Cankers on trunks and large limbs are perennial, while cankers on shoots are usually annual. Infected pole-size trees usually have annual shoot cankers and may die from extensive infections. Less affected and younger trees may not be killed but may suffer reduced growth and loss form. Infected seedlings exhibit yellow-green to reddish-brown needles and wilting foliage. Pitch-soaked lesions occur at and just above the soil line. Infected seedlings will inoculate healthy stock when inter-mixed during handling and transit. Take care to cull out pitch canker infected stock during transplanting. Infected seedlings are usually killed by the disease. Systematic removal of infected trees reduces inoculum sources and fire hazard, as well as providing growth space for other trees.

Foliage Diseases

Maintaining optimum leaf area is critical to tree health, growth and yield. Premature shedding of infected foliage is a defense mechanism which isolates and removes the attacking pathogen. However, repeated loss of effective photosynthetic leaf area from foliage diseases reduces growth and yield, predisposing trees to damage by secondary agents such as insects and environmental stress.

Hardwood Anthracnose
Numerous hardwoods are susceptible to anthracnose (Apiognomonia spp.) which may only cause lesions on foliage or may invade and kill leaves, twigs, and branches. Anthracnose is common throughout the South and is most prevalent on sycamore and oak (Figures 51-52). Initial infection occurs in the spring during cool wet periods following leaf emergence, most commonly from mycelium that over-wintered in previously infected twigs on the host tree. Severe infections occur when temperatures are below 50o F for two weeks following leaf emergence. The infection enters the leaf and may grow into the leaf petiole and twig; and as twigs are girdled, dieback occurs. A canker may form which will girdle twigs in the following years. Necrotic areas develop along the veins and midrib of the leaves. Deformed blighted leaves may remain on the tree, but generally they are shed as the infection spreads over the leaf. As leaves, twigs and shoots die, complete crown defoliation can occur in the spring, but this is generally followed by a second leaf flush. Secondary infections can occur throughout the growing season when moisture is present. In intensively managed sycamore plantations, use wide spacing to increase airflow between trees to aid in drying to reduce secondary disease cycles. Fungicide sprays may be applied at bud break and during early leaf development to provide protection for trees in plantations and ornamental settings.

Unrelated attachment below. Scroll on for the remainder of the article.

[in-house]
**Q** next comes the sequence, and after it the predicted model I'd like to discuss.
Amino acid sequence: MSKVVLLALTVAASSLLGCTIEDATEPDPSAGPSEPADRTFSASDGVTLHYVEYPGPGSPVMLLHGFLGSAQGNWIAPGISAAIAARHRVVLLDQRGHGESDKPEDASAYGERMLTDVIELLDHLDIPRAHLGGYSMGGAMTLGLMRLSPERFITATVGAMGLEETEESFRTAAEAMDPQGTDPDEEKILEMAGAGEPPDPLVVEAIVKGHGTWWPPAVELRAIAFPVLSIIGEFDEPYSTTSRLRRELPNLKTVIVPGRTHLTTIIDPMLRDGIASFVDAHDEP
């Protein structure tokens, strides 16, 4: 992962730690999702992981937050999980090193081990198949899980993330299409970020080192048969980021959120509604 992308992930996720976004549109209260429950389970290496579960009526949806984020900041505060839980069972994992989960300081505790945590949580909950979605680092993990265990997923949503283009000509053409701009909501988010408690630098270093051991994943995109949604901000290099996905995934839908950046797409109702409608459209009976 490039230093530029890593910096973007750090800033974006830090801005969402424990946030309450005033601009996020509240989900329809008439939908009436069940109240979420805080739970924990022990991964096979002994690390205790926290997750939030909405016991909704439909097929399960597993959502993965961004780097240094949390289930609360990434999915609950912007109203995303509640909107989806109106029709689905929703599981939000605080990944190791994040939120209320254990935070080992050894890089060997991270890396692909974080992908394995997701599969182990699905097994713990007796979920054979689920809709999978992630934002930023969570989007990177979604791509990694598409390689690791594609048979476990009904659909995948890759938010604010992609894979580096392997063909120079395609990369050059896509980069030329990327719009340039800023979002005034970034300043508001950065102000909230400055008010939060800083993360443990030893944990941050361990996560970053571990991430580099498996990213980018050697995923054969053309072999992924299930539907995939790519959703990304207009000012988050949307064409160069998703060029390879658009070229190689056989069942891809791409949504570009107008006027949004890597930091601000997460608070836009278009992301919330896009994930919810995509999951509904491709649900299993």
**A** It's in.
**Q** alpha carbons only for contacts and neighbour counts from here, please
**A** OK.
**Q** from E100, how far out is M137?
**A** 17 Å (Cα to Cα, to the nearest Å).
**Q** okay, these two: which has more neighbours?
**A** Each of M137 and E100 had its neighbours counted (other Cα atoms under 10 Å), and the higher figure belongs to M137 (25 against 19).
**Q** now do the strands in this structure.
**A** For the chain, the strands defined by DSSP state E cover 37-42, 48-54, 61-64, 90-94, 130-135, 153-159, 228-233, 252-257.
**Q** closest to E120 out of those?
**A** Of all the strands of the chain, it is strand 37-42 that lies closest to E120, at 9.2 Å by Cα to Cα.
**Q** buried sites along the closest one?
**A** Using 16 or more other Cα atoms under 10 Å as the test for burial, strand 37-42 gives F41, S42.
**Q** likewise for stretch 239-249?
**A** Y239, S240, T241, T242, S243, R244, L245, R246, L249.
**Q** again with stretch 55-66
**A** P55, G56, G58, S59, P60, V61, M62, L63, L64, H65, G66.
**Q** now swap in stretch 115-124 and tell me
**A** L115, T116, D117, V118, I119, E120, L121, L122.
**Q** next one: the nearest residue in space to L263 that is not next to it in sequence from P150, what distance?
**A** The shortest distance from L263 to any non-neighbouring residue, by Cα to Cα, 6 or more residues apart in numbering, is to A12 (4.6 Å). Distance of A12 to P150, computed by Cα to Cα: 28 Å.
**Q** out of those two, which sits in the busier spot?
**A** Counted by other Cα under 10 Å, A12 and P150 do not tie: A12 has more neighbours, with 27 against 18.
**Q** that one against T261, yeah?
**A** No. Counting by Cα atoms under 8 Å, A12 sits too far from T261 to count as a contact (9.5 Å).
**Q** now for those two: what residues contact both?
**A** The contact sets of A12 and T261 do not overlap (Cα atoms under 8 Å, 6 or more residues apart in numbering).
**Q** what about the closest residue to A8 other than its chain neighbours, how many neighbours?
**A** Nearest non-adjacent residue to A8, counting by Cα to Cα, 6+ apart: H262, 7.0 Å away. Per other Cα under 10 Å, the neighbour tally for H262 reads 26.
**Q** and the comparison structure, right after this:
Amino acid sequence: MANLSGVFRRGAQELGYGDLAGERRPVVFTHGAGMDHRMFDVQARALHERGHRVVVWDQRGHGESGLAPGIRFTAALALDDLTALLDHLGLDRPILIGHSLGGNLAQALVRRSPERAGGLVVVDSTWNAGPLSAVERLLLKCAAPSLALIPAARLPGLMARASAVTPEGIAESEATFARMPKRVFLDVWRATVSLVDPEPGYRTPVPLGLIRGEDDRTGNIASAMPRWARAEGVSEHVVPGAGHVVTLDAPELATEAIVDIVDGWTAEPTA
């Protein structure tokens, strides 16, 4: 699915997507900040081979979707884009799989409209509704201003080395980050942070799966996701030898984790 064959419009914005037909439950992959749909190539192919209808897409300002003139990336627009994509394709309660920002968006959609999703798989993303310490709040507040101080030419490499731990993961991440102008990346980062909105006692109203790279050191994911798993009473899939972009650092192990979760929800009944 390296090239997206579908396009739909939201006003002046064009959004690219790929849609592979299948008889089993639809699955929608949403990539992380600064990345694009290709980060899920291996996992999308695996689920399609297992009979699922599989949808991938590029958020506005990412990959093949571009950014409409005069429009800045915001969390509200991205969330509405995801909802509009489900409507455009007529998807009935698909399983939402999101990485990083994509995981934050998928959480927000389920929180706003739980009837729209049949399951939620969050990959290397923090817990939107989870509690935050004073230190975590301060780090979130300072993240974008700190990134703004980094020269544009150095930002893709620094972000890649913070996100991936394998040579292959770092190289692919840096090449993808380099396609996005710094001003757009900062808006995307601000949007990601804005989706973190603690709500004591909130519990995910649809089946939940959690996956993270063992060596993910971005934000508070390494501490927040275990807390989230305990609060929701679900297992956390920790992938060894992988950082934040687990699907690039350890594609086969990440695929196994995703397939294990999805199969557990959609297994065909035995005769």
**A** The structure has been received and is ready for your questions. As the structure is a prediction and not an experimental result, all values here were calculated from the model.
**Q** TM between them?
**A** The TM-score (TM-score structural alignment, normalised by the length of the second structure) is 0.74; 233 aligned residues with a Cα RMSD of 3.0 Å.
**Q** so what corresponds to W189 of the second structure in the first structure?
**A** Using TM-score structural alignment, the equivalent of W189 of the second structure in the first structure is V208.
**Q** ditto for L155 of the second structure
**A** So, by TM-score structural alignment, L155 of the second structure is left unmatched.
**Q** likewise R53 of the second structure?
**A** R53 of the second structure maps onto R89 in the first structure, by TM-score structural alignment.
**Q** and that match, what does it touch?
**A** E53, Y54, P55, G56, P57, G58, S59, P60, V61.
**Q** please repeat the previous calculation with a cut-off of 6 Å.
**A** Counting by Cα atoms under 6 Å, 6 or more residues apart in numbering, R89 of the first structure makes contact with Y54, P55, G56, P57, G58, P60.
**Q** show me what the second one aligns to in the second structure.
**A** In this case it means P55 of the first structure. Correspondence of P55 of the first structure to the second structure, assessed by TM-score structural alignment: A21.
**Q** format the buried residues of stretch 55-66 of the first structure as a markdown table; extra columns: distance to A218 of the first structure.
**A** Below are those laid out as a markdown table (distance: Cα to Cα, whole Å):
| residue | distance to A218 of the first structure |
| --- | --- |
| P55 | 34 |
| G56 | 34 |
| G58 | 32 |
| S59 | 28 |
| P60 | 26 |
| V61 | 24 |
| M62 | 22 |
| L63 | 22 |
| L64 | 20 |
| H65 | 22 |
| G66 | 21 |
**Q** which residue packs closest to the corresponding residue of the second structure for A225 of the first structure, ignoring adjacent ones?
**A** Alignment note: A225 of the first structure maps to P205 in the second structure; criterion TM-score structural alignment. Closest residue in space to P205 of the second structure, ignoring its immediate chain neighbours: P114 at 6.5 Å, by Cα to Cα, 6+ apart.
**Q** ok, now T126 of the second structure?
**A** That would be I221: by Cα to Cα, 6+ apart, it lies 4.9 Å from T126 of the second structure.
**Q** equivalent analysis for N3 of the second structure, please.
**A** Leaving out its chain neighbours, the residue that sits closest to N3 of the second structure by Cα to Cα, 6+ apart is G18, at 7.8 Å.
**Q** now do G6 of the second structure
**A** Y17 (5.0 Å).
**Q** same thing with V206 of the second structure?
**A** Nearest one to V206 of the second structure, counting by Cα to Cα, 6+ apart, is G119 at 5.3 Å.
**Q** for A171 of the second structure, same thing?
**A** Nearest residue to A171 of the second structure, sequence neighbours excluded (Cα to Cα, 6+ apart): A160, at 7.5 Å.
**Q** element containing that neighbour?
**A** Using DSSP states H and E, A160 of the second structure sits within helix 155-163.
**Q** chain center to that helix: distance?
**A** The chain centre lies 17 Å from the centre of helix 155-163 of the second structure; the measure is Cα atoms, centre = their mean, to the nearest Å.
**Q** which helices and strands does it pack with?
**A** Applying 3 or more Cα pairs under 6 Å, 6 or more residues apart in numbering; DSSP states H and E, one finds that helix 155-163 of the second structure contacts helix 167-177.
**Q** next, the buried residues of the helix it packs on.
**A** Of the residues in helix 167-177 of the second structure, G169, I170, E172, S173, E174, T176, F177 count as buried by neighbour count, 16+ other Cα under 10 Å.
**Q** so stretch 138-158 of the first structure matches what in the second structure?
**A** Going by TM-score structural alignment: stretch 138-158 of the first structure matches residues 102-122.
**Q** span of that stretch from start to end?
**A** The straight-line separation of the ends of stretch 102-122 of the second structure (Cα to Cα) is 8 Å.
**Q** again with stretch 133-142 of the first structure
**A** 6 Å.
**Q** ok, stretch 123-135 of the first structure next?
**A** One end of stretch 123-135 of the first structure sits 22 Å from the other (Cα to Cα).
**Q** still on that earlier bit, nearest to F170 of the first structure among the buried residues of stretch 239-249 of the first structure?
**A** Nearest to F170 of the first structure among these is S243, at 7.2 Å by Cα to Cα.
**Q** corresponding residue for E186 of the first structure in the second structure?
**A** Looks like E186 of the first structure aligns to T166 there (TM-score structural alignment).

Figure 51. Oak anthracnose leaf symptoms,
Robert L. Anderson, USDA Forest Service.
Figure 52. Sycamore anthracnose leaf blight,
Robert L. Anderson, USDA Forest Service.

Needlecast (Lophodermella spp.) is a very common disease of conifers throughout the southern United States. The disease rarely causes significant economic impact on forest trees although there is undoubtedly some reduction in growth associated with premature loss (cast) of foliage (Figure 53). Severe needlecast, in combination with other stresses, may contribute to vulnerability of trees to bark beetle attack.

Infected needles develop chlorotic spots beginning in

Figure 53. Needlecast close-up of fruiting
bodies, USDA Forest Service Archives.
winter or early spring that rapidly turn tan to reddish-brown from their tips. Characteristic black, raised football-shaped fruiting structures form on the infected needles. Thinning of the crown may result from needle drop of infected needles, leaving tufts of green uninfected needles at the branch tips. Needle cast symptoms rarely affect the entire needle. At maturity, these fruiting structures discharge spores that can infect healthy foliage.

Control is seldom feasible under forest conditions. In nurseries, shade trees and Christmas tree plantings, recommended fungicide applications may be economical.

Brown Spot
The most serious needle disease of longleaf pine is caused by the brown spot needle fungus, Mycosphaerella dearnessii (Scirrhia acicola). Infected needles in the early stages are irregularly yellow to brown spotted, with green tissue in between the spots. Needles are eventually killed by the girdling action of the fungus. Longleaf pine seedlings can be seriously damaged. Severe needle blight on young seedlings can increase the length of time it takes longleaf pine to grow out of the grass stage. The disease affects both planted and natural seedlings in the field. Brown spot

Figure 54. Brown spot: prescribed burn for control, USDA Forest Service Archives.
can be controlled in nurseries by spraying with an approved fungicide. Prescribed burning can control the disease in longleaf pine seedling stands (Figure 54).


Disease control measures and fungicide applications in most forest situations are not usually cost effective. Fungicides are recommended in nursery production to protect these high volume seedlings from infections. Seeds are generally treated with fungicides prior to planting to inhibit fusiform rust and soil-borne damping-off fungi.

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The University of Georgia - Warnell School of Forestry and Natural Resources and College of Agricultural and Environmental Sciences - Dept. of Entomology